Tuesday, May 14, 2013


            It has been several weeks since Micah Utter was gracious enough to spend some time with me. I should apologize for taking so long to getting this posted on "Vinewright" but I've been off the grid doing some travel. All I have to say about that is, if you plan to fly - pack a big lunch for all those delayed and cancelled flights.

I recently read about a revival of the use of concrete wine making vessels by some very toney Italian small lot producers. Well, it turns out they aren't the only makers of excellent wines who are riding this wave. Pun intended, since Micah is a surfer who also happens to know a lot about custom shaping of concrete. I heard about him and his Vino Vessel, Inc. (www.vinovessel.com) operation, located on the south side of Paso Robles, during the WiVi trade event that was described here a few articles back.

So, Through the Grapevine sent its intrepid reporter (moi) to get an exclusive on this cutting edge idea. Little did I know that several equally edgy and innovative winemakers have embraced the concept. Small batches of some very nice wines are sleeping peacefully here on the Central Coast and other growing areas, wrapped up like Jimmy Hoffa!

Currently, Vino Vessel has designed and produced forms for eleven various fermenting and storage tanks as an alternative to wood barrels. While not inexpensive (they require extensive design and engineering input), the better oak versions of barrels topped $1,000 each a few years back. Stainless steel storage vats, and certification for fabrication techniques also makes for a serious outlay of capital. You may know that many smaller producers actually rent tank space for storage for larger wineries with excess volume, rather than purchasing those high ticket items. It has been reported that wineries plan to put a large part of winery improvements into increasing that aspect of their facilities in 2013. There are even some tank farms that simply offer a place to keep the juice as a sideline of the wine industry.

Micah's available containers are sized from 70 gallons up to 1,305, coming in an interesting mix of shapes and concepts. The company has the ability to design custom enclosures for nearly any idea with which a winemaker might wish to experiment. But it is hard to imagine a shape or size that isn't available other than bigger versions for larger producers. Examples include a pyramid and the "hippo" model, one of two oval styles, which maximizes the surface area that comes in contact with the wine. Specifically, that relates to skin contact, the more juice surface that is exposed to the cap - primarily grape skins that form a layer when forced to the top of a tank by CO2 during fermentation - the better the extraction of tannin and color. Ideally, if impractical, a large flat shallow pool would work very well.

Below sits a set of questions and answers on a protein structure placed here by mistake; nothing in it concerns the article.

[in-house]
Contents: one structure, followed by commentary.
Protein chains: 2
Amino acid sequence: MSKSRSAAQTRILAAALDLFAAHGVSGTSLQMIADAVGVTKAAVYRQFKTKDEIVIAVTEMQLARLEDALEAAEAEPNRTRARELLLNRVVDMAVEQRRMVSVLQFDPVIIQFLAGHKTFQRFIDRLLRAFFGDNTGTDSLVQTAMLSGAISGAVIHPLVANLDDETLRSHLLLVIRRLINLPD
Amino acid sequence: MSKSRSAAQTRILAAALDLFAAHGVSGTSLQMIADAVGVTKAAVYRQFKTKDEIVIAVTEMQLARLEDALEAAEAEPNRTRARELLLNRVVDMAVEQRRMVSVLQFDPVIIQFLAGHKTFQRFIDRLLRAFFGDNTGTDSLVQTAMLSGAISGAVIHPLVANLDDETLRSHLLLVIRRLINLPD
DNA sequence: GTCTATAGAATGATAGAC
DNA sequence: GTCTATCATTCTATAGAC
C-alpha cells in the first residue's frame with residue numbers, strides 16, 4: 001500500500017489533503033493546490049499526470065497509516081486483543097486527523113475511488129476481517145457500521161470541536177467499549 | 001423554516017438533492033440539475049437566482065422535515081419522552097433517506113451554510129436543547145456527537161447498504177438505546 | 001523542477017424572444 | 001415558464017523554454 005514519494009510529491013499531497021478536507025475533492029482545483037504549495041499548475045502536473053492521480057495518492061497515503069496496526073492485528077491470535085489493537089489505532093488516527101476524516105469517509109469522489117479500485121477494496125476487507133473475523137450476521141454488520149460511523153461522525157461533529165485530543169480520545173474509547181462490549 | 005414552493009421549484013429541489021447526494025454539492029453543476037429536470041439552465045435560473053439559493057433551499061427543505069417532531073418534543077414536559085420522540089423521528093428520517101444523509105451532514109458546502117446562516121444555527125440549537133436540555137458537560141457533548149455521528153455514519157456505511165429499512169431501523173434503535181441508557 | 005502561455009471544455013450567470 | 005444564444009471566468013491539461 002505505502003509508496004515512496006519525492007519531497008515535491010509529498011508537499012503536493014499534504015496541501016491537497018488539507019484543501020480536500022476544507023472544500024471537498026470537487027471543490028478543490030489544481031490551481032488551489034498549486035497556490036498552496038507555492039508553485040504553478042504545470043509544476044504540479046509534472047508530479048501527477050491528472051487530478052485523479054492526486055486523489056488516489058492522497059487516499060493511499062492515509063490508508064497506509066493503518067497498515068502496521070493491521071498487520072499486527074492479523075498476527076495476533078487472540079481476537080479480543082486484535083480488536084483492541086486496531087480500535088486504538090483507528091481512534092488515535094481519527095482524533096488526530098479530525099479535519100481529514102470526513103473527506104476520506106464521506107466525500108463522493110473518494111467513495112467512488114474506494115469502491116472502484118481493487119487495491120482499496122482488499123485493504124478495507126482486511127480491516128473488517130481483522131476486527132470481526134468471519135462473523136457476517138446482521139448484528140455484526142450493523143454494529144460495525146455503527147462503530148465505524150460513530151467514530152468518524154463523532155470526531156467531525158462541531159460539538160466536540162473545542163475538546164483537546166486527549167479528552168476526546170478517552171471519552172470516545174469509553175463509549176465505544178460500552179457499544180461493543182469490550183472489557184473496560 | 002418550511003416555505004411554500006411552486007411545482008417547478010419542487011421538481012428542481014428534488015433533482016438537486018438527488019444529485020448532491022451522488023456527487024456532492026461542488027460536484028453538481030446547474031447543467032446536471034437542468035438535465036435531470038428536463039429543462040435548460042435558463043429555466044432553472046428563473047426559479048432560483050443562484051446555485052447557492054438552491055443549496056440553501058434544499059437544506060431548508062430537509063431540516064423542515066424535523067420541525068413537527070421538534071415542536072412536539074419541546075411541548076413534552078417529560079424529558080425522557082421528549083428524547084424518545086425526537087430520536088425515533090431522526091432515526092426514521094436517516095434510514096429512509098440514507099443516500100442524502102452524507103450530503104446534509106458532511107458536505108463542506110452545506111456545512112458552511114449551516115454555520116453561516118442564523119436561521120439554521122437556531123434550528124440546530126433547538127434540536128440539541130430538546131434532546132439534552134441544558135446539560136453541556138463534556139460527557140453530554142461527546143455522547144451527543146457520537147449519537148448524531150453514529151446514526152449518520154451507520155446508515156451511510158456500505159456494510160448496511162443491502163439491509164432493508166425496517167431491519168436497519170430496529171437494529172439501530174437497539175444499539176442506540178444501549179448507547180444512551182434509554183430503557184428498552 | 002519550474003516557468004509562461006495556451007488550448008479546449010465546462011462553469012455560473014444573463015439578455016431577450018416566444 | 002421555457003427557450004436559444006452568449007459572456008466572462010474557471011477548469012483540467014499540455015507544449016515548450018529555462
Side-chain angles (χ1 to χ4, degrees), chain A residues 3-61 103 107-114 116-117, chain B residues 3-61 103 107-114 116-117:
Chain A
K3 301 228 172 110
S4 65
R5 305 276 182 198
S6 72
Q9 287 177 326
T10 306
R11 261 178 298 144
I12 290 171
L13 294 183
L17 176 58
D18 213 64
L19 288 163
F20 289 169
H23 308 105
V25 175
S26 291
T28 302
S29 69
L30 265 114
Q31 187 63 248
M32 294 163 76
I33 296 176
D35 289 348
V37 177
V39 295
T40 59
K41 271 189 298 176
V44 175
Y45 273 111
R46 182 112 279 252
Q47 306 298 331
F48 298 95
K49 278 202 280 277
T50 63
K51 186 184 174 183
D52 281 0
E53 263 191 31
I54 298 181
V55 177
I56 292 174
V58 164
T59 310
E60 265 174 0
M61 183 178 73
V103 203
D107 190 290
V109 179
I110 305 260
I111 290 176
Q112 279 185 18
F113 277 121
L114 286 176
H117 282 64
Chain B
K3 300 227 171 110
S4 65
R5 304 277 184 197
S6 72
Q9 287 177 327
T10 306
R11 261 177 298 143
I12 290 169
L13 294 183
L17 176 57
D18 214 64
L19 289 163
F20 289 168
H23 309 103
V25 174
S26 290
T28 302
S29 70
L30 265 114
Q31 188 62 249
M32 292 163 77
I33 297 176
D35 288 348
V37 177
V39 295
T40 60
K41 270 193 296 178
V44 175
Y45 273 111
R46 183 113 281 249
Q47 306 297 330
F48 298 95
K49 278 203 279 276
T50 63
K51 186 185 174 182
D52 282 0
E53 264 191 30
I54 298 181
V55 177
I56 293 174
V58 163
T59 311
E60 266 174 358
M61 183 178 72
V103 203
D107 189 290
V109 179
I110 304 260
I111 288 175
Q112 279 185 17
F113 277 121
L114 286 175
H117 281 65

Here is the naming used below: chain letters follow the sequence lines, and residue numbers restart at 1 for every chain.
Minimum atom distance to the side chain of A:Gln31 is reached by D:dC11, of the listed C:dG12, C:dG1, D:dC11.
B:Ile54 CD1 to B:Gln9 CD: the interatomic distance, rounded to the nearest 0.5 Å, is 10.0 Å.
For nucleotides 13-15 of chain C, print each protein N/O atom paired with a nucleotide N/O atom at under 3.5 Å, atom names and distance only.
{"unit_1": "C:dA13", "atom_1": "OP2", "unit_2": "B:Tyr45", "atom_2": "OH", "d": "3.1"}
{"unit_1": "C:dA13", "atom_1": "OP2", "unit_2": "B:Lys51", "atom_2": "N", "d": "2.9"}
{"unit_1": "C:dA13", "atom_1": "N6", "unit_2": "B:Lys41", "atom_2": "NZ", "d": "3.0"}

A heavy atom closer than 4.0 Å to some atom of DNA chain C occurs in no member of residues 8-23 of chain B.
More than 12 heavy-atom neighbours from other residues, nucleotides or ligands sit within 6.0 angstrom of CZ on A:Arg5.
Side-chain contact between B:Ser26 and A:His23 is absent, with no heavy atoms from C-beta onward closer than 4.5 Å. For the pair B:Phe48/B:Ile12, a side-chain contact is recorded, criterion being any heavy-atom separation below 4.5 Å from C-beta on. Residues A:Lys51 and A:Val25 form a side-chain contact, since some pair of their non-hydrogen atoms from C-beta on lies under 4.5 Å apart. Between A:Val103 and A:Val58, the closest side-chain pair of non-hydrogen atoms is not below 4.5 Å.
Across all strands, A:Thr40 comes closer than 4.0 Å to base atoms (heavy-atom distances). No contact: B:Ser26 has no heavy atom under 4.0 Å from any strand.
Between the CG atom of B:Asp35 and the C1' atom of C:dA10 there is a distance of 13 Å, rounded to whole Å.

The hippo idea was the first style built and beta tested by Peachy Canyon and Chronic Cellars in 2007. It required some special engineering, a special formula for the concrete mix and curing process and, inclusion of reinforcing mesh. The result led to new design ideas and sales that have grown to include local wineries such as Linne Calodo, Epoch and Stolpman.

The Vino Vessel allows micro-oxygenation, a neutral (no extraction) flavor component that helps in the expression of the fruit and are easy to clean and sanitize. "There is no food in concrete", Micah quotes one user. Thus, the tanks are not prone to aid unwanted critters making a home in them. Concrete also has excellent thermal retention, avoids hot spots found in some upright styles, offers a slow rise in temperatures and needs no temperature controls such as those on jacketed stainless tanks.

While not in widespread use, use of concrete as a winemaking option is on the rise and works well for small operations and those liking to try new concepts and experiments. If you have the opportunity, try a wine made in a Vino Vessel and see what you think. In Paso Robles one easily found example is the 2011 Viognier at the Peachy Canyon tasting room at W46 and Bethel Rd. You may also inquire at Chronic Cellars if they have a current sample done in a Vino Vessel.

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